Can the first person interactive experience rival the movie industry?

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So I just finished Firewatch (yes I’m late to it) which we actually reviewed and you can check that out here. Now that I played it through myself I have been thinking about the first person experience story telling and what that impact can be on gaming and the movie industry.

When you read this article make sure you give the soundtrack a listen as well because it is really well done.

The First Person Experience:

For those that might not know (and shame on you if you don’t) a first person game is a game where you are the character you play as and you see the world as your character does. You don’t know anymore than the character does. Now that the explanation is out of the way let’s get back to the point here. Can first person games rival movies especially now that VR is going to be a thing, for better or for worse?

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I think the answer is yes. Let’s start with Firewatch as our first example. Most people refer to this game as a “walking simulator”. The game is also tells an interesting story and the player is dropped into an engaging world that is close enough to reality where the players can all sorts of feelings while playing the game. Firewatch makes players question their decisions, makes them wonder what would they do in the same situation. These questions are some that people struggle with every day of their life and the game draws those questions out from the player. A lot of movies will do the same thing. A movie like The Matrix makes us wonder if we are in The Matrix or not. The type of critical thinking and self reflection is what turns the game into an experience and the sheer fact that a video game can be an experience should be a concern in the ultimate competition for the couch. So if video games are a legitimate contender for the couch than it is pretty clear that all other forms of media should be concerned. Potential viewers can be lost to the gaming industry because there are games out there eliciting a greater emotional response from their viewers than let’s say Batman Vs Superman.

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So how does VR fit in?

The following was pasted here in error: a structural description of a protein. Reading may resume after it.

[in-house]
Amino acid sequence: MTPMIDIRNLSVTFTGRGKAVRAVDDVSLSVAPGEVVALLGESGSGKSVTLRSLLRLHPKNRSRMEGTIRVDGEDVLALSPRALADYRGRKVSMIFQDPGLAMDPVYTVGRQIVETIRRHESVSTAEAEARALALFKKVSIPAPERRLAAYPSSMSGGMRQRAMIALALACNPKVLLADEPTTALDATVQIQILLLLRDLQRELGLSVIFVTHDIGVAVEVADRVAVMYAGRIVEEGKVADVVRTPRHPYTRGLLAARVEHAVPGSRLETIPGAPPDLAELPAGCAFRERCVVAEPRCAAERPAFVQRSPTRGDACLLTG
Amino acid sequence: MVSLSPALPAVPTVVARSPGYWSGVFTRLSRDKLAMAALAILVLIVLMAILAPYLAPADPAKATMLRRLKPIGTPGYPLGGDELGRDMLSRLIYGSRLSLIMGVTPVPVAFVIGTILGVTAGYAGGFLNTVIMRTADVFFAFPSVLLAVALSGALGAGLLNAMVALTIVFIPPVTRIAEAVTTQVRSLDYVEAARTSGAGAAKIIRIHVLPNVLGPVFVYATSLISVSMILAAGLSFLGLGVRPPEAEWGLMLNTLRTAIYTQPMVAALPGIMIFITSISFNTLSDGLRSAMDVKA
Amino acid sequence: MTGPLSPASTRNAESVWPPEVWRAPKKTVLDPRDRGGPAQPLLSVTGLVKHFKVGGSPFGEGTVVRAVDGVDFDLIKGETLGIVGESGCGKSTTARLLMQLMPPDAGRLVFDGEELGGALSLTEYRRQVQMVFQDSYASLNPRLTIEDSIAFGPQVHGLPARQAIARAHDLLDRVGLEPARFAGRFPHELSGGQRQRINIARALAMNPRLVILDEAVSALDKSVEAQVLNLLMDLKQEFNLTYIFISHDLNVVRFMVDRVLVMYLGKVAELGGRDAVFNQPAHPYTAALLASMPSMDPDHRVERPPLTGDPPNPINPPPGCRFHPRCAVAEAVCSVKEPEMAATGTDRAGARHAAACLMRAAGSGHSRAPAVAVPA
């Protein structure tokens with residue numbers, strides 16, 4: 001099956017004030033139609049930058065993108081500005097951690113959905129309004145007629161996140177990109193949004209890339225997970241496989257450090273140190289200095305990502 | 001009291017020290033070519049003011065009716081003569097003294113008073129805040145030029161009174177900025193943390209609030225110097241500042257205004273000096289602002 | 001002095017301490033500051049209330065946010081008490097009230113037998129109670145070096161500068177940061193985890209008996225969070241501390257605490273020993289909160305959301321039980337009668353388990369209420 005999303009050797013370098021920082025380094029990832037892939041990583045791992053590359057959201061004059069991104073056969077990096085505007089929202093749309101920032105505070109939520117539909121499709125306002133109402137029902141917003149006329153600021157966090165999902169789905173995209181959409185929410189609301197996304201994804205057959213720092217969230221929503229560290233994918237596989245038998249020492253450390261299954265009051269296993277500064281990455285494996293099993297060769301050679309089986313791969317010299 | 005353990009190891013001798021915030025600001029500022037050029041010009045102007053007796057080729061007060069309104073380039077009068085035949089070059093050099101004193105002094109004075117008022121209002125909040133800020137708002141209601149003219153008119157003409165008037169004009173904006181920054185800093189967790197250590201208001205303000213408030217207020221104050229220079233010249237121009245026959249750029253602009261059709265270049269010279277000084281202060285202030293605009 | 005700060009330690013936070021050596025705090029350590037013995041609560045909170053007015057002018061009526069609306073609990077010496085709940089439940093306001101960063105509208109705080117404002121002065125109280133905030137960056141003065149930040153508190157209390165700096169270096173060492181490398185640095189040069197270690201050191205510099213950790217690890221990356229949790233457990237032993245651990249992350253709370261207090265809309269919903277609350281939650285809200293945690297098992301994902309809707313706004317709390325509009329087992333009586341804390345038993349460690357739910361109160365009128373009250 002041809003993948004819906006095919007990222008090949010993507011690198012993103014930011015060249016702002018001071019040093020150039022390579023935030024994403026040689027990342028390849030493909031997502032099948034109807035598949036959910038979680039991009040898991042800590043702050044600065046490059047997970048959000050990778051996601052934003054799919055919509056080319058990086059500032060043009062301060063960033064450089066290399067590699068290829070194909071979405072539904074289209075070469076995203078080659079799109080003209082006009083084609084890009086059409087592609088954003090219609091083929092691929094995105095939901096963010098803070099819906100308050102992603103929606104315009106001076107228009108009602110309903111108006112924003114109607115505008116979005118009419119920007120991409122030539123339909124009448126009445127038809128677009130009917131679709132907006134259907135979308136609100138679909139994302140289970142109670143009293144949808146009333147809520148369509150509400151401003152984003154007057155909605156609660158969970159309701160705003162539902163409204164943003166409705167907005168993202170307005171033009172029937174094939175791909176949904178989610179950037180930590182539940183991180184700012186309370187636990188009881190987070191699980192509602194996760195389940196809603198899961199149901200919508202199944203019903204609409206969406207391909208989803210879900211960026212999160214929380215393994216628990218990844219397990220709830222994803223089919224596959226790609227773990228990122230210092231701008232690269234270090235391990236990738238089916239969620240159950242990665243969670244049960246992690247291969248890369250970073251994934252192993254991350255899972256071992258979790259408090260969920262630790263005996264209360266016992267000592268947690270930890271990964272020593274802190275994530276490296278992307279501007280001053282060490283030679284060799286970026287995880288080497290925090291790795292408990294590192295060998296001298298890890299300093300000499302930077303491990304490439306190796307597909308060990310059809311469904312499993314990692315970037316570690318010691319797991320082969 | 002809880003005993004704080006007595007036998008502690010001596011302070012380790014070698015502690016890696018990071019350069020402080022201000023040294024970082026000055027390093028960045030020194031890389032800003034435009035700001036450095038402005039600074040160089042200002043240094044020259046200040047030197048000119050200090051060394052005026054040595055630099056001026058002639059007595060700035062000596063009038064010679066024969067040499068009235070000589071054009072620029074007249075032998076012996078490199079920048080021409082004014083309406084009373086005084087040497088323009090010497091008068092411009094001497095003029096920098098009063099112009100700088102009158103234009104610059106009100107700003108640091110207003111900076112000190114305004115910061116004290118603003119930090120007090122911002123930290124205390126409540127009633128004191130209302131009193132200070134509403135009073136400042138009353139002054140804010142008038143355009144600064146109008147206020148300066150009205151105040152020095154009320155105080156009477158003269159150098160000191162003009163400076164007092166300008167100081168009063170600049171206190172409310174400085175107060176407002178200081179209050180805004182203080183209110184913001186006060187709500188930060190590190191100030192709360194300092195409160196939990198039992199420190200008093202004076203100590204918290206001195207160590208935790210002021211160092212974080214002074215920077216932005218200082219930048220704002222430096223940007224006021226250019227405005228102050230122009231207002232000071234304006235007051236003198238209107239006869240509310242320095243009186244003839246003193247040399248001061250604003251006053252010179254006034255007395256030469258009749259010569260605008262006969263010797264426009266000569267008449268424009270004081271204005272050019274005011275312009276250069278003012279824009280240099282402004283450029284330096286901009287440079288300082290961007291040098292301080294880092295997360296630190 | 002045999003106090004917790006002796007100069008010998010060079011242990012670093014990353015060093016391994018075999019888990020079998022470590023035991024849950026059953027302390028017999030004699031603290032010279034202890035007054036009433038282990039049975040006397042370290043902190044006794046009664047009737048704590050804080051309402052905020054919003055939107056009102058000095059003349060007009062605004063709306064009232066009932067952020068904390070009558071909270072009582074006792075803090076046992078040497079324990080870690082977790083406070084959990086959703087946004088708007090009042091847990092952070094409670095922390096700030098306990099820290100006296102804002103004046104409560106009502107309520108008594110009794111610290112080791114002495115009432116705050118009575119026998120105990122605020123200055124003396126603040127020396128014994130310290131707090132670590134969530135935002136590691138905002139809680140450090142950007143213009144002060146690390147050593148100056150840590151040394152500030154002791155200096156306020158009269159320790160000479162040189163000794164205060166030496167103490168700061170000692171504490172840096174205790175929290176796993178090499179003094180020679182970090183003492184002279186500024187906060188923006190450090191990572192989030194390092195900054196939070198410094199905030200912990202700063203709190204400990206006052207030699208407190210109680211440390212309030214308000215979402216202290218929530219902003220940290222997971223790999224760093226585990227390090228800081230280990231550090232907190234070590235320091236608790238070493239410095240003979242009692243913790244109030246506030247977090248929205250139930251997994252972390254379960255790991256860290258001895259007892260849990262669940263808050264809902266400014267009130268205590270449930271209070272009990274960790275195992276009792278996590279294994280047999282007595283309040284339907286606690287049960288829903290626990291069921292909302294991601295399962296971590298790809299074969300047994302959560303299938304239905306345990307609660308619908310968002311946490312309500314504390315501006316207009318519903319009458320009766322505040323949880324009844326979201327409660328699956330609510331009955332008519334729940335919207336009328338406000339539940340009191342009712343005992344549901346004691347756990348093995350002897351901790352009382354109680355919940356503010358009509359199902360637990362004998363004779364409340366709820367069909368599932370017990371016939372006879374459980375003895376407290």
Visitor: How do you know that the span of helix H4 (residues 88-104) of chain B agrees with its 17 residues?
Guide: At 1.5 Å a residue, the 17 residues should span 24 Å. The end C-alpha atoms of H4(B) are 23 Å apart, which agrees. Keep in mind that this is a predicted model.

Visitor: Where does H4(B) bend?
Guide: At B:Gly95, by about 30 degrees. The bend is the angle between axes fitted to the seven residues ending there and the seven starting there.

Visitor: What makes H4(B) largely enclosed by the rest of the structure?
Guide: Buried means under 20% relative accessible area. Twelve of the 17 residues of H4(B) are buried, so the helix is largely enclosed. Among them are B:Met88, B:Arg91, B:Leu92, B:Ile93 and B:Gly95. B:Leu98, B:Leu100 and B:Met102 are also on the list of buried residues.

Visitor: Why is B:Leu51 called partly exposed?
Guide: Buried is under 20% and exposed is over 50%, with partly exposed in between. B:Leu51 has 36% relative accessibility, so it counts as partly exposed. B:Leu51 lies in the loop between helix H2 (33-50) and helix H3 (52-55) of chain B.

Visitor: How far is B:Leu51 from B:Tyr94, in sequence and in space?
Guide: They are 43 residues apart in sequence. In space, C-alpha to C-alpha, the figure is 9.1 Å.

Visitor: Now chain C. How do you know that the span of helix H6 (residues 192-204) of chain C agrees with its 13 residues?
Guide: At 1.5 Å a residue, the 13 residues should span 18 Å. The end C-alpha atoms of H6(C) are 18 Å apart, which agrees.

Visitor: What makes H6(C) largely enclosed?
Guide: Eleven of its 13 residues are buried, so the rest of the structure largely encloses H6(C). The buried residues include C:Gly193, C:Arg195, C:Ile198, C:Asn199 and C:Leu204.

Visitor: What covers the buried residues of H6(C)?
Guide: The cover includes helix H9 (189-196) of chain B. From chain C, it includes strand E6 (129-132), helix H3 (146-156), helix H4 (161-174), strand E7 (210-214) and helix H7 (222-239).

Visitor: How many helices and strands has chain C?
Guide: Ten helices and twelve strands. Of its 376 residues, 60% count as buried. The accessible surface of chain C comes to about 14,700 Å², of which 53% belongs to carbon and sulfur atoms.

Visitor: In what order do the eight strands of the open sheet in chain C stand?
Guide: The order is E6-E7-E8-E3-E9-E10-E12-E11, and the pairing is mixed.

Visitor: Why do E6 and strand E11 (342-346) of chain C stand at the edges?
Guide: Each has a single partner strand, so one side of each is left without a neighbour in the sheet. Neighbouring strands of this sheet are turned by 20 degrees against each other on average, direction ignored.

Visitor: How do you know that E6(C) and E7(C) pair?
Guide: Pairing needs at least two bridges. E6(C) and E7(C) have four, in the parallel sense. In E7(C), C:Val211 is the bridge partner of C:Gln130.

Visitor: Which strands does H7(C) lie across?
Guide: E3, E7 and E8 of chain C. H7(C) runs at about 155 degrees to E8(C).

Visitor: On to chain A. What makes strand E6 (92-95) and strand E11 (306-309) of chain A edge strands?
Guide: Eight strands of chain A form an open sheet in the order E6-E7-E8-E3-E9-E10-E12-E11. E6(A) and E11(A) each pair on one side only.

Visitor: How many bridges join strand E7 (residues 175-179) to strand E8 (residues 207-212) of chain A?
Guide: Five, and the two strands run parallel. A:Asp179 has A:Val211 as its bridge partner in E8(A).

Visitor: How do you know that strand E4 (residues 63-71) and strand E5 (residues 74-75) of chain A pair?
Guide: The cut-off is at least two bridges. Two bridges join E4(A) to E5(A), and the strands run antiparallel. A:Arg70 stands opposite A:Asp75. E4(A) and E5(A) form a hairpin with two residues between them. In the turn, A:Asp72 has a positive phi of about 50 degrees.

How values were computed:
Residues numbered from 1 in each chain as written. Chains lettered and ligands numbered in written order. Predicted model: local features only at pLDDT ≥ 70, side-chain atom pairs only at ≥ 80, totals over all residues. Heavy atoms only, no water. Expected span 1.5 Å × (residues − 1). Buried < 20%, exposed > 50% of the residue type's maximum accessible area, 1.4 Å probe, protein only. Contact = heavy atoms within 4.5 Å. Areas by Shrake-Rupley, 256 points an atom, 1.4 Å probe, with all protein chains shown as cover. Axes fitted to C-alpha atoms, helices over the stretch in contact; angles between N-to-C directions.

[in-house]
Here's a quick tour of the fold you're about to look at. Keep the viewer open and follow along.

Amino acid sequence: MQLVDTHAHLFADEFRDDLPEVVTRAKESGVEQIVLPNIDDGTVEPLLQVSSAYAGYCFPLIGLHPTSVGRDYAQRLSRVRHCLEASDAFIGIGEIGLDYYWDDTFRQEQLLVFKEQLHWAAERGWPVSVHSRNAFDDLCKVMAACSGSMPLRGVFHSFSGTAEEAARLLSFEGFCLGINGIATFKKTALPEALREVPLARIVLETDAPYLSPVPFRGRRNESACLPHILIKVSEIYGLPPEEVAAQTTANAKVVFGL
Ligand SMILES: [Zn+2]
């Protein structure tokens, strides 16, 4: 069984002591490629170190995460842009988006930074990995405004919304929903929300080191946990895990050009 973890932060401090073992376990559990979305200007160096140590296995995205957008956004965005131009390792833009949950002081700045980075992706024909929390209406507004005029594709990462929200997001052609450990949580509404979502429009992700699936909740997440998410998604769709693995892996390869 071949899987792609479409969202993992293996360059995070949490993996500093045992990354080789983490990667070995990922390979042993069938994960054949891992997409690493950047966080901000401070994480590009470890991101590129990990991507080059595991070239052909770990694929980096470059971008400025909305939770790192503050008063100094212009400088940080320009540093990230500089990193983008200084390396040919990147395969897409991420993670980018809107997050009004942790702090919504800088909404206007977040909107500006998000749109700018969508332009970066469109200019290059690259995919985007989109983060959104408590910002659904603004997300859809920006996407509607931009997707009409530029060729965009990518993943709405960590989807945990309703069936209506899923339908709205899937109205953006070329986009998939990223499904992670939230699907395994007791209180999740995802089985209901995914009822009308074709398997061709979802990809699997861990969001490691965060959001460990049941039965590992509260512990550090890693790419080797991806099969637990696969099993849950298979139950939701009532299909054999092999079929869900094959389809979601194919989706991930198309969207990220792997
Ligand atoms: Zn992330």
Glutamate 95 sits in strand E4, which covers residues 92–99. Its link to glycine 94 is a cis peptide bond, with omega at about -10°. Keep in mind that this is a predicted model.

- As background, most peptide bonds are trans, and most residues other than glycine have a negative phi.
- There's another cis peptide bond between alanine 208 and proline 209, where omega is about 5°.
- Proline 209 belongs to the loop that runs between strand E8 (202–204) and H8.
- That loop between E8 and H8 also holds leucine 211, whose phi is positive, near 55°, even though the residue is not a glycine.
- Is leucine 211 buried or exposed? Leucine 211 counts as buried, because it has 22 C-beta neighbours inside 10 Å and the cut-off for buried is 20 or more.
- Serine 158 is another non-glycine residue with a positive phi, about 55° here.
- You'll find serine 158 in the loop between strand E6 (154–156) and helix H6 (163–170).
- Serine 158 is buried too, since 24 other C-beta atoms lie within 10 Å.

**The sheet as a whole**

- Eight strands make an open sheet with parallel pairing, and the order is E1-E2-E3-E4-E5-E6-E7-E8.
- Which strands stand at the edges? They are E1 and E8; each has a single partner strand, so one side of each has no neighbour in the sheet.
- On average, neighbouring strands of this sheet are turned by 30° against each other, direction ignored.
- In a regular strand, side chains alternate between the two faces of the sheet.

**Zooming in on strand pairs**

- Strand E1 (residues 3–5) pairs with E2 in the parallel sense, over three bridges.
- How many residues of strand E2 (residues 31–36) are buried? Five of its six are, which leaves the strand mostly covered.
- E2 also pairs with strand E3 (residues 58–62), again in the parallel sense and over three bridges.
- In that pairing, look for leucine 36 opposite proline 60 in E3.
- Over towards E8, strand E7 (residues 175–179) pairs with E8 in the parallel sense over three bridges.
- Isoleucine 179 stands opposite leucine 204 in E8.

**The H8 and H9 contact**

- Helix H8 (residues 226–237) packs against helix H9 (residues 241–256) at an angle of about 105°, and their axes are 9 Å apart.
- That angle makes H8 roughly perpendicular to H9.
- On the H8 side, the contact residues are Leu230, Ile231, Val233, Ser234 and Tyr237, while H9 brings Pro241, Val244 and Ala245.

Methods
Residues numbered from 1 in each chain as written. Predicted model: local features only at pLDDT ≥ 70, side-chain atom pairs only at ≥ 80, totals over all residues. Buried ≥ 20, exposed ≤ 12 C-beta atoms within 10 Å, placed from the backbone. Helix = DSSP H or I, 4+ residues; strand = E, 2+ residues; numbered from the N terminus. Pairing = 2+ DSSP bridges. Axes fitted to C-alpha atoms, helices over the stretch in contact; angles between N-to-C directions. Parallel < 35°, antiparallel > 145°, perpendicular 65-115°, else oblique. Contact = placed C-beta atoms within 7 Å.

A virtual reality headset can be the determining factor in whether or not gaming can topple the movie industry. Virtual reality headsets might be a gimmick but if the technology works the way it’s supposed to we can be looking at the early stages of “Second Life Living”. This is the idea that people will live two lives one in the world we all share and the other in their virtual world. I think a good example of this is how seriously The Sims became. People would live real lives in their video game and start to think that the world we all share was the fake part. So imagine what “life” could come from the realism of a virtual reality system. If the tech is a success then people will start abandoning all other forms of media just to make more time for their second life. If people are willing to spend days of playing time to level up their characters and bring those characters to some sort of end game what’s stopping a gamer from starting a life and going on a journey with a character they might become more connected to this avatar mainly because it is a reflection of their own personality. For some that might be scary thought, for others that might be the most interesting game in existence. And depending on how passionate one may get for a game like this a VR game can be the illusive second chance that everyone wants in life.

So when someone asks me if gaming can topple the movie industry I say yes because in future we might not even know the difference.

Nick Negri on Twitter
Nick Negri
Producer
I like games, I like movies and I work on a TV show. If I have something to say i'll write it here. Stick around the site if you like what you read.

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